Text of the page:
But Stesichorus had been a proper instance, if the letters be true ; for he was twelve years the tyrant's friend, and died too before him. So that Lucian's not mentioning him, shews he knew nothing of the Epistles ; as on the contrary his mentioning Pythagoras, shews he knew nothing of that story of his deposing Phalaris.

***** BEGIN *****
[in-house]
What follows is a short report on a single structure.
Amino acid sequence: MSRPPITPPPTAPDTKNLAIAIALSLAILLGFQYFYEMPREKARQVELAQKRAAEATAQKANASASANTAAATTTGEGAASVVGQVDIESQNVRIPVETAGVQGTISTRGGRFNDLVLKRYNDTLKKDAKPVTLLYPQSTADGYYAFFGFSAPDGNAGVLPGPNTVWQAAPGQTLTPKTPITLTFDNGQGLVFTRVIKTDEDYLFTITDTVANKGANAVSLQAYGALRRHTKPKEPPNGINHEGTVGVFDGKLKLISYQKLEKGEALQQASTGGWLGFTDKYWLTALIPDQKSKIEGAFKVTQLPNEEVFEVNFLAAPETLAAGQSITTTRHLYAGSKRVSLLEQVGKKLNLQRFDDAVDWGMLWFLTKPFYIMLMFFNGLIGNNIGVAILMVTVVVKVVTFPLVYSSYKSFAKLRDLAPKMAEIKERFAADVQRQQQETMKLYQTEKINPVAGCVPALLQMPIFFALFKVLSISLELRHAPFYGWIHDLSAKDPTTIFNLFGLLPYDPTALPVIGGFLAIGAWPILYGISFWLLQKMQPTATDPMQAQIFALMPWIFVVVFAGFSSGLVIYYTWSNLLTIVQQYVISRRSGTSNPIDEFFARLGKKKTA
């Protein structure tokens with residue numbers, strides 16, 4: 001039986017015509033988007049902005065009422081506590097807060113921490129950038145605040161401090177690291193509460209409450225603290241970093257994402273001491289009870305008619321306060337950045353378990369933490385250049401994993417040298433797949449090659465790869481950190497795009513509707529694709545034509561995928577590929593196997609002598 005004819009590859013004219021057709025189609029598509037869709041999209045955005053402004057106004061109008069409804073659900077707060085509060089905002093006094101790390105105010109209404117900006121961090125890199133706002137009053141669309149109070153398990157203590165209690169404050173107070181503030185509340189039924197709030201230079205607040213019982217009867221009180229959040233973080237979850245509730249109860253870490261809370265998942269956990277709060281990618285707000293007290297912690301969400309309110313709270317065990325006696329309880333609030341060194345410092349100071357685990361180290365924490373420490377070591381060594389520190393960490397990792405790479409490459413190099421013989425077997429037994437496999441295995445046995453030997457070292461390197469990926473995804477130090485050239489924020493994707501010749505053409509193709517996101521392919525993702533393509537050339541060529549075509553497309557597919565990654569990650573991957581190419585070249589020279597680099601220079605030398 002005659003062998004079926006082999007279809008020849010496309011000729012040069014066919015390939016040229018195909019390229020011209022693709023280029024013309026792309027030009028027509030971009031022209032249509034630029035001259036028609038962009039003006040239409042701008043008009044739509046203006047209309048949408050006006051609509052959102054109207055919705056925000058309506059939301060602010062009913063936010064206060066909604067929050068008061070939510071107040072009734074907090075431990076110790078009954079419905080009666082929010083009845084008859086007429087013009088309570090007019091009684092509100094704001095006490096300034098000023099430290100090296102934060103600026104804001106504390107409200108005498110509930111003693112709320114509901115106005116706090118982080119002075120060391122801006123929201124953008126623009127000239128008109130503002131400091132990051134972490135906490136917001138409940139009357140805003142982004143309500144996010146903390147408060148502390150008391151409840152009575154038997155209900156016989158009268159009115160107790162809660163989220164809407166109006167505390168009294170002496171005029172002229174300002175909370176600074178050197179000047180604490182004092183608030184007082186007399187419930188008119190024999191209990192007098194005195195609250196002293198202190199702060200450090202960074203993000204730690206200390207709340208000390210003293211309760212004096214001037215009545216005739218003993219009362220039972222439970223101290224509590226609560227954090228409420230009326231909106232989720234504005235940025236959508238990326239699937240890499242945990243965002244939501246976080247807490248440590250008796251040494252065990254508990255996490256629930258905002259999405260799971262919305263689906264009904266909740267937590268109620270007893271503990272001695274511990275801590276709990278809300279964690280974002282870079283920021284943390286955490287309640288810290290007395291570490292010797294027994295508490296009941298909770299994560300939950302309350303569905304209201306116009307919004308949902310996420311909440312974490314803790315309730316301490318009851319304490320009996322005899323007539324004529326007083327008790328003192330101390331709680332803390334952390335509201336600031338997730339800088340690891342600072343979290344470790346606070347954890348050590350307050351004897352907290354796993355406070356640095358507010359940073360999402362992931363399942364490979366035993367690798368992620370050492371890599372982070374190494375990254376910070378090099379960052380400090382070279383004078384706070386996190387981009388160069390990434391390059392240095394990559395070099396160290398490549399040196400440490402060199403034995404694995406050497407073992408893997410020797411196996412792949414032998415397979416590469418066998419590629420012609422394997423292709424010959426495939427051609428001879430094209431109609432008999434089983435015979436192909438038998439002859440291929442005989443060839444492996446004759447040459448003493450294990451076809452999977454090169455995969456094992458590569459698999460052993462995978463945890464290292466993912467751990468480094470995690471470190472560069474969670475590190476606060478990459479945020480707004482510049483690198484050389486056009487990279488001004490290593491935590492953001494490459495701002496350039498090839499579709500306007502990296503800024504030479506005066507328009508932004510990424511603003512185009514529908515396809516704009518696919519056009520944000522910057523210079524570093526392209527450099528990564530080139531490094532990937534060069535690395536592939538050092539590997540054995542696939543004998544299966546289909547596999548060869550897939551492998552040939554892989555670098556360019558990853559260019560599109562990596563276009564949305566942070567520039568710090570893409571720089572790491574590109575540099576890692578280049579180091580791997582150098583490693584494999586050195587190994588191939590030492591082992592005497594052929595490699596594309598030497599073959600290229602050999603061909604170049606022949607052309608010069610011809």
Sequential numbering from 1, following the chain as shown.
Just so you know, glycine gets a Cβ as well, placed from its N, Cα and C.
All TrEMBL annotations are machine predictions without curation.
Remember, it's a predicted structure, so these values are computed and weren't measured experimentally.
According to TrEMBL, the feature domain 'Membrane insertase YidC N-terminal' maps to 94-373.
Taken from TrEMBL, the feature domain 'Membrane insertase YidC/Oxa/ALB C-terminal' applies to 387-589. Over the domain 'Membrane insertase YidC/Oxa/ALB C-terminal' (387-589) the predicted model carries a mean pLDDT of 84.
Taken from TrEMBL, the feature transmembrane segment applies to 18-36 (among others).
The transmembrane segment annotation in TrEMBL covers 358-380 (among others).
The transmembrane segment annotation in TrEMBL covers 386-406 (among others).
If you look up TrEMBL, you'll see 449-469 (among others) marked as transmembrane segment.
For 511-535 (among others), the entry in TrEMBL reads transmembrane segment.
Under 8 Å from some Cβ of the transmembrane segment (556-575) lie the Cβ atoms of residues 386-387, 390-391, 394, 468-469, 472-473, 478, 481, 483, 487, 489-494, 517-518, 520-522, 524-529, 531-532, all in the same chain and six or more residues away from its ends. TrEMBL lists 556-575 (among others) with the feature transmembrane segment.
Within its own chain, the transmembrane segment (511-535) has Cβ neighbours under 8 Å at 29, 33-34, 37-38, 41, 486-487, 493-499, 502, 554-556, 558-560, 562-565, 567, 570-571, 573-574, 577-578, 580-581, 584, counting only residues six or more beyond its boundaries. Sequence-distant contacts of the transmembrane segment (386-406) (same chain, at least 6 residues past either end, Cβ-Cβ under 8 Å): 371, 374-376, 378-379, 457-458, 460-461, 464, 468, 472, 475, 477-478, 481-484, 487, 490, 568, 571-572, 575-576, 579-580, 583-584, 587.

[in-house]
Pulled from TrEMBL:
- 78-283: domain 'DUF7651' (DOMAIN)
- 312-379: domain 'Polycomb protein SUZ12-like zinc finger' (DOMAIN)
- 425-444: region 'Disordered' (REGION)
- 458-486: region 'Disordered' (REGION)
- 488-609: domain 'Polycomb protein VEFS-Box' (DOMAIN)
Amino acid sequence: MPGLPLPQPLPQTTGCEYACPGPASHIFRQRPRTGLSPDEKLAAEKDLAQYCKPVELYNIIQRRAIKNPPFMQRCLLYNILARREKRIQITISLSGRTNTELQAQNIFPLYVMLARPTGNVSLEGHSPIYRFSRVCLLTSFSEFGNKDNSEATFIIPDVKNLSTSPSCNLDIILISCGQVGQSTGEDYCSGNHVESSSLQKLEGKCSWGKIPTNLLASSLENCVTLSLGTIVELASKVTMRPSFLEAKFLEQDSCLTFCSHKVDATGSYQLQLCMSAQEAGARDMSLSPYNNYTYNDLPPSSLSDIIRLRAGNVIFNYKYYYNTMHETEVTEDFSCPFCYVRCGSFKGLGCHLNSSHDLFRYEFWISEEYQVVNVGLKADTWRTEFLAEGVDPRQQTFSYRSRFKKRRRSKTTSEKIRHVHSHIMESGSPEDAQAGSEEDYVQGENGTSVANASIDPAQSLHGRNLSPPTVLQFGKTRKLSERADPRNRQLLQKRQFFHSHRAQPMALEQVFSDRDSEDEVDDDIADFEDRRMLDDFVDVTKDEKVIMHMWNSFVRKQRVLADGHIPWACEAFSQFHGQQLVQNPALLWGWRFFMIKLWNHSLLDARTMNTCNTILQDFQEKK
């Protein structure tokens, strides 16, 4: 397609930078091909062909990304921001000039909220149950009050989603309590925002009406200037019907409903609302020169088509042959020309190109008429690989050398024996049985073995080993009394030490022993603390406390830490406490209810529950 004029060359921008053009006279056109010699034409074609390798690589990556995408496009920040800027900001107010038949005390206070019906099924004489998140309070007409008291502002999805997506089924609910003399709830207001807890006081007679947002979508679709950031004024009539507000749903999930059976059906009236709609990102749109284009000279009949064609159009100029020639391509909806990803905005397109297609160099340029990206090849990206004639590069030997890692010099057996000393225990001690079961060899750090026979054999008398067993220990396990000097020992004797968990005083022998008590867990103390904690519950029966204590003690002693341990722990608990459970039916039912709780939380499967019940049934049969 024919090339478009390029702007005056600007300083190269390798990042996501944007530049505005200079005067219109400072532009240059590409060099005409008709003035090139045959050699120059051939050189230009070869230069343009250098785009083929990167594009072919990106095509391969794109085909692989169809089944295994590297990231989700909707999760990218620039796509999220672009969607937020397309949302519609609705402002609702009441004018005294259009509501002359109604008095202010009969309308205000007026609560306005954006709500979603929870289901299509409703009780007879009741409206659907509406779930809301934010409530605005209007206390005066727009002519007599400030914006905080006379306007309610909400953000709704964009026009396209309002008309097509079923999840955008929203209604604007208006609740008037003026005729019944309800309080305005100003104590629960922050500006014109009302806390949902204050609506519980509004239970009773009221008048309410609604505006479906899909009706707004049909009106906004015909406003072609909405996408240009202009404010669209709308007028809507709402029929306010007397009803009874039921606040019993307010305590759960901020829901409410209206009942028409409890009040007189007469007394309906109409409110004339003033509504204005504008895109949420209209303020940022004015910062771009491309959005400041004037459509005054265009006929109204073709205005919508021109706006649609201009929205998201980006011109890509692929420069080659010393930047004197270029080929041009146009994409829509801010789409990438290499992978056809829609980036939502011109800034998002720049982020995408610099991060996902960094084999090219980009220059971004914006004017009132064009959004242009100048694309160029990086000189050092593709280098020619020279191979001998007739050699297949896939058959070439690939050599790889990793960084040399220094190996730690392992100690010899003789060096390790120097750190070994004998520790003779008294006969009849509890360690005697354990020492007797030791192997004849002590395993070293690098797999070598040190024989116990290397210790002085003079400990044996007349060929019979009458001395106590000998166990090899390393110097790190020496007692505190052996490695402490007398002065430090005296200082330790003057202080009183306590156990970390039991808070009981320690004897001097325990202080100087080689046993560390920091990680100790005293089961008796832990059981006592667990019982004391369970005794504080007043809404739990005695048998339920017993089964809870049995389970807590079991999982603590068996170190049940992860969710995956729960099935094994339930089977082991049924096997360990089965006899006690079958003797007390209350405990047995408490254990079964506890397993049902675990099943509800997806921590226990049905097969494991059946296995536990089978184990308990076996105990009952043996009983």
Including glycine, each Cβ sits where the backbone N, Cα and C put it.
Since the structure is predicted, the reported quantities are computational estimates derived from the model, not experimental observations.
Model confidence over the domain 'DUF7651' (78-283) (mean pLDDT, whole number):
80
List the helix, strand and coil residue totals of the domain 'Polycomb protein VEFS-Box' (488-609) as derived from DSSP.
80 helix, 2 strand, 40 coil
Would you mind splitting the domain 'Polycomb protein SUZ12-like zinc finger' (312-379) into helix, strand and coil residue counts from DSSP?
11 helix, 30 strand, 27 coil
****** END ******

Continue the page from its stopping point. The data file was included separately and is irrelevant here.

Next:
In the next place, Mr B. accounts for Plato's silence about the friendship of Stesichorus and Phalaris ; because Plato mentions nothing there of the acquaint- ance between Pythagoras and Phalaris. An admirable account indeed ! Plato, says Mr B., might omit the mention of Stesichorus's friendship with Phalaris, and yet might believe it true ; because he mentions not another friendship, that in all probability is as mere a fiction as that. Which is as just as if he reasoned thus, the ancients in their accounts of -£sop, say nothing of his ugliness, and yet they might believe it : because they say nothing neither of Xanthus the philosopher with his company of scholiastics. But, says Mr B., the Pythagoreans all agree that their master and Phalaris were acquainted ; and Dr B. grants it. I granted they were contemporaries ; and